Lick, lick, lick stop the habit!

Dog licking is normal to them – they do it to greet one another and tend to use licking to evaluate their environment. A dog’s tongue is just as important to them as our hands are to us. It is used to taste different things, explore new animals and people, express submissiveness, and acknowledge that they value your friendship and companionship.

Why do dogs lick?

Most people wonder why their dogs lick them. The answer is that it varies depending on your particular dog
Deepika and Balu
and circumstances. Some dogs lick their pet parents to show them that they’re loved, some lick to show that they’re relaxed while others lick to demonstrate that they’re unhappy or tense.
Licking for love and affection: Licking is a way for dogs to communicate with each other and with you. In the wild, dogs will lick the pack leader when he returns after an absence. This is a greeting ritual that reinforces the pack social order. Your dog will probably engage in this same greeting ritual when you get up in the morning or return home from work in the evening. You should let your dog lick your hands so he can reassure himself that nothing in his world has changed.
Canine licking is also a way for your pooch to express his affection for you. This is how he tells you that he’s happy to see you, he loves you, and he wants to be with you. So allow your pet this normal outlet for his affection, but don’t let him overdo it, or it can become a bad habit.
Licking in stress: A less desirable reason for excessive licking in dogs is that they are anxious or stressed about something. Licking themselves too much can lead to hair loss and bald spots. You’ll need to do some detective work to figure out why they are anxious.
Licking for itching: Your pooch could also be licking himself simply because he’s itchy due to allergies or dry skin. They may have allergies to food, pollen, mold, house dust mites, insect bites, plants or hundreds of other irritants. If he’s licking his feet all the time, the pads on his paws may be irritated, especially in the winter months, due to snow, ice and road salt. If your pet is focusing all his licking in one spot, he’s probably injured or has a skin infection. Licking all over his body may indicate that he has an allergy or is anxious.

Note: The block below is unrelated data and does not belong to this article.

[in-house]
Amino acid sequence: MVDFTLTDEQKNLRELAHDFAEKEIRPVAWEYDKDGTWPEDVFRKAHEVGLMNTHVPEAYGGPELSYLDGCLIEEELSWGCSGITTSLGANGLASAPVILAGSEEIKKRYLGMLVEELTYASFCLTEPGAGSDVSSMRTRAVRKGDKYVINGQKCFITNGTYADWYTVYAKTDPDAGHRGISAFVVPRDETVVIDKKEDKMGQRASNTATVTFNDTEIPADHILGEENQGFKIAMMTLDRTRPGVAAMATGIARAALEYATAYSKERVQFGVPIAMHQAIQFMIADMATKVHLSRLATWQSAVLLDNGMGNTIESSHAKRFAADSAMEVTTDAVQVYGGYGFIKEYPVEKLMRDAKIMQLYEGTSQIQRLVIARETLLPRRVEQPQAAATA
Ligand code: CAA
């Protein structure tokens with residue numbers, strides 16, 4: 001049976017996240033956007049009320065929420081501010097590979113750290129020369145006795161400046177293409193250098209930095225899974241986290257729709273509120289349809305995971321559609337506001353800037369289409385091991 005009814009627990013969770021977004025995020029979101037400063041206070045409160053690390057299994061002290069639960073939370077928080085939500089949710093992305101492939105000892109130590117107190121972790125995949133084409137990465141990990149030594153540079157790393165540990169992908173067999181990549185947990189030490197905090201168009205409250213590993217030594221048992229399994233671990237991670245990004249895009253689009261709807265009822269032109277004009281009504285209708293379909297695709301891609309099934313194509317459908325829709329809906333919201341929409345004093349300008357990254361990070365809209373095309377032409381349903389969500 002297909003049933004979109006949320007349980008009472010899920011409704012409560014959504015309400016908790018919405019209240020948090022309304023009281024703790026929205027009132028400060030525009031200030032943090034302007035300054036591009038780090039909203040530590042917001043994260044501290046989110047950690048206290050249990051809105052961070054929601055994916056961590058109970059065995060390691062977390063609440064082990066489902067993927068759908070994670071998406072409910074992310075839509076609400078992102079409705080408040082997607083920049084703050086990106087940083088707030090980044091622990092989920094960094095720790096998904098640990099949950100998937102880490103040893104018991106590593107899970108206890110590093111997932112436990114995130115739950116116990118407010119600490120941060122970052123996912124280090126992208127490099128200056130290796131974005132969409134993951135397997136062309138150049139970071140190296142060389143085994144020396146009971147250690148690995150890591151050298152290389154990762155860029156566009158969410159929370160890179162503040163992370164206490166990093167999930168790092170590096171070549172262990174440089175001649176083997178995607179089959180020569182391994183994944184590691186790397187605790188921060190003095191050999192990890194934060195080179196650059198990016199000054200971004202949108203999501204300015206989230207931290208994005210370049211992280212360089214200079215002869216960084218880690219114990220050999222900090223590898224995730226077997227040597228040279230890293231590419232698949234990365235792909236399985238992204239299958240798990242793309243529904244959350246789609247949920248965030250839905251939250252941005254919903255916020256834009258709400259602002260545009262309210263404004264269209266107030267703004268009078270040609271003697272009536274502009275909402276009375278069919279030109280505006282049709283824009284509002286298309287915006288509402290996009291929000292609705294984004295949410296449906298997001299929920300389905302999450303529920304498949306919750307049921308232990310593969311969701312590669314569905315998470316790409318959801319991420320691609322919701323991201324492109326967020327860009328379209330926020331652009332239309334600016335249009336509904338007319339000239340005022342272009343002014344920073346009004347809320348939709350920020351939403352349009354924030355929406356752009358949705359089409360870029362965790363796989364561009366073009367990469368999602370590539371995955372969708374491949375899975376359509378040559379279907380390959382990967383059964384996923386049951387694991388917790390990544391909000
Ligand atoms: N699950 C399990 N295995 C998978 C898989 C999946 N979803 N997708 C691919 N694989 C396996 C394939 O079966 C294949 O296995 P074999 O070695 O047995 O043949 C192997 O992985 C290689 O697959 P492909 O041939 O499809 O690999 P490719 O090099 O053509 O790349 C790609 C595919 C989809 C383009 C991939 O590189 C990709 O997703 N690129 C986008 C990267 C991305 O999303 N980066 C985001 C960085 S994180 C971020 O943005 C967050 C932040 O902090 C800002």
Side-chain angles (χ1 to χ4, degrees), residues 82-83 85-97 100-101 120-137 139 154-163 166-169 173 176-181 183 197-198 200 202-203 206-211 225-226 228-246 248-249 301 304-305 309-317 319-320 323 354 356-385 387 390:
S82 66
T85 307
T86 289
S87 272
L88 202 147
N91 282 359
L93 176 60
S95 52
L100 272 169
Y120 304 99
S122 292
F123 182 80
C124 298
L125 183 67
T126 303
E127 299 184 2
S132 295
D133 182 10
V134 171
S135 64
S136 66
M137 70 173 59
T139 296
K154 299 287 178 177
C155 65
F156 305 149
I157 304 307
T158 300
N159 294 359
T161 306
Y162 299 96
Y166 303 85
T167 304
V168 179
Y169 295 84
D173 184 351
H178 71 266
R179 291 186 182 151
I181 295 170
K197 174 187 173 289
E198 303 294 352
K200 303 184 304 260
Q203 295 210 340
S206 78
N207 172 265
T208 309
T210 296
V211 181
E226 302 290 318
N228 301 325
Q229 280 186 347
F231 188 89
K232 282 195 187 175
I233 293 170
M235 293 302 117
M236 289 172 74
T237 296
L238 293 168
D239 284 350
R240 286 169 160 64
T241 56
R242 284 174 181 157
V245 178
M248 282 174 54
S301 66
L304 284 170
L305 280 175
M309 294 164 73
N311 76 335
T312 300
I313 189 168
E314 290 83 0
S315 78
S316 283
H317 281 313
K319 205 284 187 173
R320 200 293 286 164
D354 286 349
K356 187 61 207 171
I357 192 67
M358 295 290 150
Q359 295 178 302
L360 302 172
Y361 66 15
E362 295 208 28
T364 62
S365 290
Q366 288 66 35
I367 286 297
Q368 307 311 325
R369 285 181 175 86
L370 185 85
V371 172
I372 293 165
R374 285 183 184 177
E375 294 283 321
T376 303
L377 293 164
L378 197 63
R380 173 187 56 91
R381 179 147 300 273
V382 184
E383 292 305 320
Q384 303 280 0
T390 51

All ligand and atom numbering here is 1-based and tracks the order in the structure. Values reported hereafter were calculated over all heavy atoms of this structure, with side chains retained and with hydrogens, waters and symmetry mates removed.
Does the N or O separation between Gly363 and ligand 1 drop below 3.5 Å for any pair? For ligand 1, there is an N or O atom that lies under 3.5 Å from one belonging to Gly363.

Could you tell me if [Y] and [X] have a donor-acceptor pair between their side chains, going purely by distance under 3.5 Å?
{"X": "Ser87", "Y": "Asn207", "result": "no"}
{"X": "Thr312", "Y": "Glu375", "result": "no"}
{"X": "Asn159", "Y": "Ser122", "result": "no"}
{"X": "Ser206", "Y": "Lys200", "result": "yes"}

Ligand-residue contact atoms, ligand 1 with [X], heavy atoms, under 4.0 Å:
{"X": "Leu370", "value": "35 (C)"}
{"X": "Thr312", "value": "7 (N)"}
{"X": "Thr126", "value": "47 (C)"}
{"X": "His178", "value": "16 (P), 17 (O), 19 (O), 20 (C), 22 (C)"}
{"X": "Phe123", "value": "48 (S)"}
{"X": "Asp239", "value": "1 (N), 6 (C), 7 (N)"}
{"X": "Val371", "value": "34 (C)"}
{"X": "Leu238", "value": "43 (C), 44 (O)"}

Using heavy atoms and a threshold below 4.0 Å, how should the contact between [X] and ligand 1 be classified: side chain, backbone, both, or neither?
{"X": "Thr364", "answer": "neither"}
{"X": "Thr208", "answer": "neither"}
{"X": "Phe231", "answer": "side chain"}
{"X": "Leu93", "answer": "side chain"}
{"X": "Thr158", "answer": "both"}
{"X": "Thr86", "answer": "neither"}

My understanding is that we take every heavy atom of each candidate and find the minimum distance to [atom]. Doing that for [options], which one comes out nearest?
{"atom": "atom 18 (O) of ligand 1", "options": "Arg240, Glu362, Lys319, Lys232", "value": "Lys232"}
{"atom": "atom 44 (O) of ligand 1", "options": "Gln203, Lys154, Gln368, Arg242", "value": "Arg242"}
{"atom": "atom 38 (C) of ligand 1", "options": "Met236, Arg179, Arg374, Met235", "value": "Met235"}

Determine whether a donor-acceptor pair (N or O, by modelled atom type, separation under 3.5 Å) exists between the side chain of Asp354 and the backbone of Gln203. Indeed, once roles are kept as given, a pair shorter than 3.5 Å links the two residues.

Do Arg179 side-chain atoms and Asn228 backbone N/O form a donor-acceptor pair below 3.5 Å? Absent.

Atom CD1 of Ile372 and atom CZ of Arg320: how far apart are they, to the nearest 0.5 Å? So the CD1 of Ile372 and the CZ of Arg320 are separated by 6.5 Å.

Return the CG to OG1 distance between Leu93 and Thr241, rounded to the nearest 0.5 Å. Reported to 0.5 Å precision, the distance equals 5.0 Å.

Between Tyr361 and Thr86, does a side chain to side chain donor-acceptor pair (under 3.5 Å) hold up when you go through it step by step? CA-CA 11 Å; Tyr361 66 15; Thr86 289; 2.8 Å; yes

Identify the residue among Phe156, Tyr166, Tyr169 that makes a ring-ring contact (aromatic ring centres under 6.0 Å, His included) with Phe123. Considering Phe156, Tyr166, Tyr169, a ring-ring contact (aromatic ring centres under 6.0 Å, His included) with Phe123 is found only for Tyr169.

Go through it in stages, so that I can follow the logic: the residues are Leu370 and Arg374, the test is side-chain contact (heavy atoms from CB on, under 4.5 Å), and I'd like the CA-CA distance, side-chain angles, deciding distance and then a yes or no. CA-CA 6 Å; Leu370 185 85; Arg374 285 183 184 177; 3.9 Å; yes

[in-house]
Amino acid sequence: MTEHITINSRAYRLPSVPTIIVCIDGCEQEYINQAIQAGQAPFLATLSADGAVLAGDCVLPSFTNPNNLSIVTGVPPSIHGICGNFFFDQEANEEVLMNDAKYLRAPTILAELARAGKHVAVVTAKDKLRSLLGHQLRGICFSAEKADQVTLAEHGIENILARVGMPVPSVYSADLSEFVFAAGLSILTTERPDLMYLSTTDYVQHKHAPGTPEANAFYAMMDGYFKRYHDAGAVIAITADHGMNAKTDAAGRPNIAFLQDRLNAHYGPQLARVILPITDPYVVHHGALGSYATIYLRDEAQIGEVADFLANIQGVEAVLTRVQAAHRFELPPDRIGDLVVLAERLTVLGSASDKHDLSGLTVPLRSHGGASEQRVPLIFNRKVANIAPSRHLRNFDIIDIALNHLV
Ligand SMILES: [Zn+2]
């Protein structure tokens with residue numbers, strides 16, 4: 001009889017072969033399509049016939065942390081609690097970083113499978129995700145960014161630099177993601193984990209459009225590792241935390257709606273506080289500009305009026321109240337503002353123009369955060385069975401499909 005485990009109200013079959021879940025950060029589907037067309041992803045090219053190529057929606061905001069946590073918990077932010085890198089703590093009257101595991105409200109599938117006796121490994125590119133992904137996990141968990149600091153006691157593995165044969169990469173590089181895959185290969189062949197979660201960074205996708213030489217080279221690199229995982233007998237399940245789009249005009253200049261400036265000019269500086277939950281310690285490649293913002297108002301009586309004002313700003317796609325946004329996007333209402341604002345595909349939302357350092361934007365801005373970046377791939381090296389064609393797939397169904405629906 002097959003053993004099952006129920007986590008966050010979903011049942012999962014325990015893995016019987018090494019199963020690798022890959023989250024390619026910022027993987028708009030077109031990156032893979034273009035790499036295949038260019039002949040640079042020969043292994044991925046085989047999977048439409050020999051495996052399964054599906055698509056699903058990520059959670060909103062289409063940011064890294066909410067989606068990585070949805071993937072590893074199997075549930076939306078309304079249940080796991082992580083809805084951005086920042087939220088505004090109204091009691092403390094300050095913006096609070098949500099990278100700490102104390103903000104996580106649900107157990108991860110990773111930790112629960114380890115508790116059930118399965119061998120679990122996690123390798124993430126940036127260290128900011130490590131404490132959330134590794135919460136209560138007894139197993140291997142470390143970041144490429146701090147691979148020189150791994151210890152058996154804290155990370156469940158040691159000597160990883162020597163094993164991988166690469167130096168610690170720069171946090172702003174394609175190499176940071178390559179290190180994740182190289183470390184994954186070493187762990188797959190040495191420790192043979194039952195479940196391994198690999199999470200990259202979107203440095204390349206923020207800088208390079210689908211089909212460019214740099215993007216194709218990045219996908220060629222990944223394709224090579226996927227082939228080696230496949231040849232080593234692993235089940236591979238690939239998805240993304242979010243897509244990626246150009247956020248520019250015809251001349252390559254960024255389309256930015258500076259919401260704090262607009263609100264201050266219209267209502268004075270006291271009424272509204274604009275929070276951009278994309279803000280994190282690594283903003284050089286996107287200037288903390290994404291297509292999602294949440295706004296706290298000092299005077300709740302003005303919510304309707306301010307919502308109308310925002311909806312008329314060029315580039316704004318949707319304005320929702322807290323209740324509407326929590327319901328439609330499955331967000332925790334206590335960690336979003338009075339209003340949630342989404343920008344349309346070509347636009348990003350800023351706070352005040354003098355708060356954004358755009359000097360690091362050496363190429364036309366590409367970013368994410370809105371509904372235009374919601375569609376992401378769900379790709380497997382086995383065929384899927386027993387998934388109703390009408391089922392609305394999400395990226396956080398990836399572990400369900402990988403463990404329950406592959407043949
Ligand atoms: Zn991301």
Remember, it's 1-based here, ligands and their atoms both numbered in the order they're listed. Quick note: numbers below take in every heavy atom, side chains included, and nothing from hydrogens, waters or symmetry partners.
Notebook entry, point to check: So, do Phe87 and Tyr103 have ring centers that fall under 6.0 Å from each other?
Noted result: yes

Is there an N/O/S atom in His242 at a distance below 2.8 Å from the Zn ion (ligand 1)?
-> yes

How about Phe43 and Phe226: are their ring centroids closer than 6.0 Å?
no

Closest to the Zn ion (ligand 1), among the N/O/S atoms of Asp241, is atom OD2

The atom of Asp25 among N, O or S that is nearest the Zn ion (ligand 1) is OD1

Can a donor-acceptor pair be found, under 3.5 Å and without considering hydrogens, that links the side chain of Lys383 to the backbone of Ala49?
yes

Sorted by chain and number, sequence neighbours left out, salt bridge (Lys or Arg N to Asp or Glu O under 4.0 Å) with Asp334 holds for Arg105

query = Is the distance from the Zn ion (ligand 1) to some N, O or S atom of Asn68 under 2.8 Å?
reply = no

What to do when he licks?

The key to solving his obsessive pet licking behaviour is to change things around. For instance, if you typically work eight hours a day and he is cooped up all day long, perhaps you could leave him at doggy-day care, hire a dog-walker to come in at lunch time, or perhaps take him out for a lunch time stroll.
Another option is to withdraw your affection from him when he licks you constantly. You can do this by turning away from him without making eye contact. Then a ‘NO’. He may then try to follow you. If he tries to lick you again, repeat your actions until he gets the message that his excessive licking is not appreciated.

Measures to stop pets from licking

There are a number of ways to stop the licking and help your pooch’s skin recover.

  • Check the area being licked – Pooches sometimes lick at one particular spot if they are trying to get rid of something stuck in their fur or skin. If you see a thorn or burr, gently remove it for him.
  • Look closely for fleas – Comb through your pet’s coat with a fine-toothed comb, looking for fleas or gritty particles that look like pepper, which are the wastes fleas leave behind. If you find either, give your dog a bath with a flea shampoo. Then use a flea control powder or spray. Treat your home and yard with an insecticide spray that will kill eggs, larvae and adult fleas. It can take up to seven days after treatment for the itching to go away and for your pet to stop licking.
  • Change their diet – Pets who are allergic to certain foods may get skin irritation. Try giving your pet different food that has none of the ingredients of his usual diet. Then, see if the licking stops.
  • Refocus their attention – When you see your pooch furiously licking himself, distract him by giving him some attention. Provide something to chew, such as a bone or chew toy. This alleviates licking due to boredom and stress.
  • Help relieve the pain – Dogs with painful conditions like arthritis will often lick furiously at the offending spot. In addition to a veterinarian’s care, you can also massage the sore area for 10 minutes at a time.
  • Increase his exercise – Some dogs lick excessively because they have pent up energy. Get his paws moving because a tired dog has less energy to lick.
  • Keep allergies at bay – Take care during heavy pollination seasons. Keep your dog indoors in the morning (when the pollen count is at its highest) and on windy days.
  • Give them fast relief – A cool bath or a spritz of witch hazel gives instant, short term relief.
  • Protect their skin – Occasionally, pets will lick themselves so vigorously and for such a long time that they damage the skin. The resulting sores are called lick granulomas, which can lead to serious infections and take a long time to heal. Bandage the area or use the anti-lick spray on the lick granuloma or on the ointments given.
  • Try an anti-licking spray – Pet stores now in India are selling topical anti-licking spray products that leave a bitter taste. They train pets to stop licking their fur, skin, paws or even furniture, household items, etc. It is effective, long lasting and it is very useful.

In conclusion, licking is a part of a pet’s innate traits. They use their tongues to explore the world and display happiness and nervousness. However, excessive licking can be problematic so it’s best to consult your veterinarian and take immediate action.

(Dr Debajani Das and Ruchi belong to Dosch Pharmaceuticals Pvt Ltd).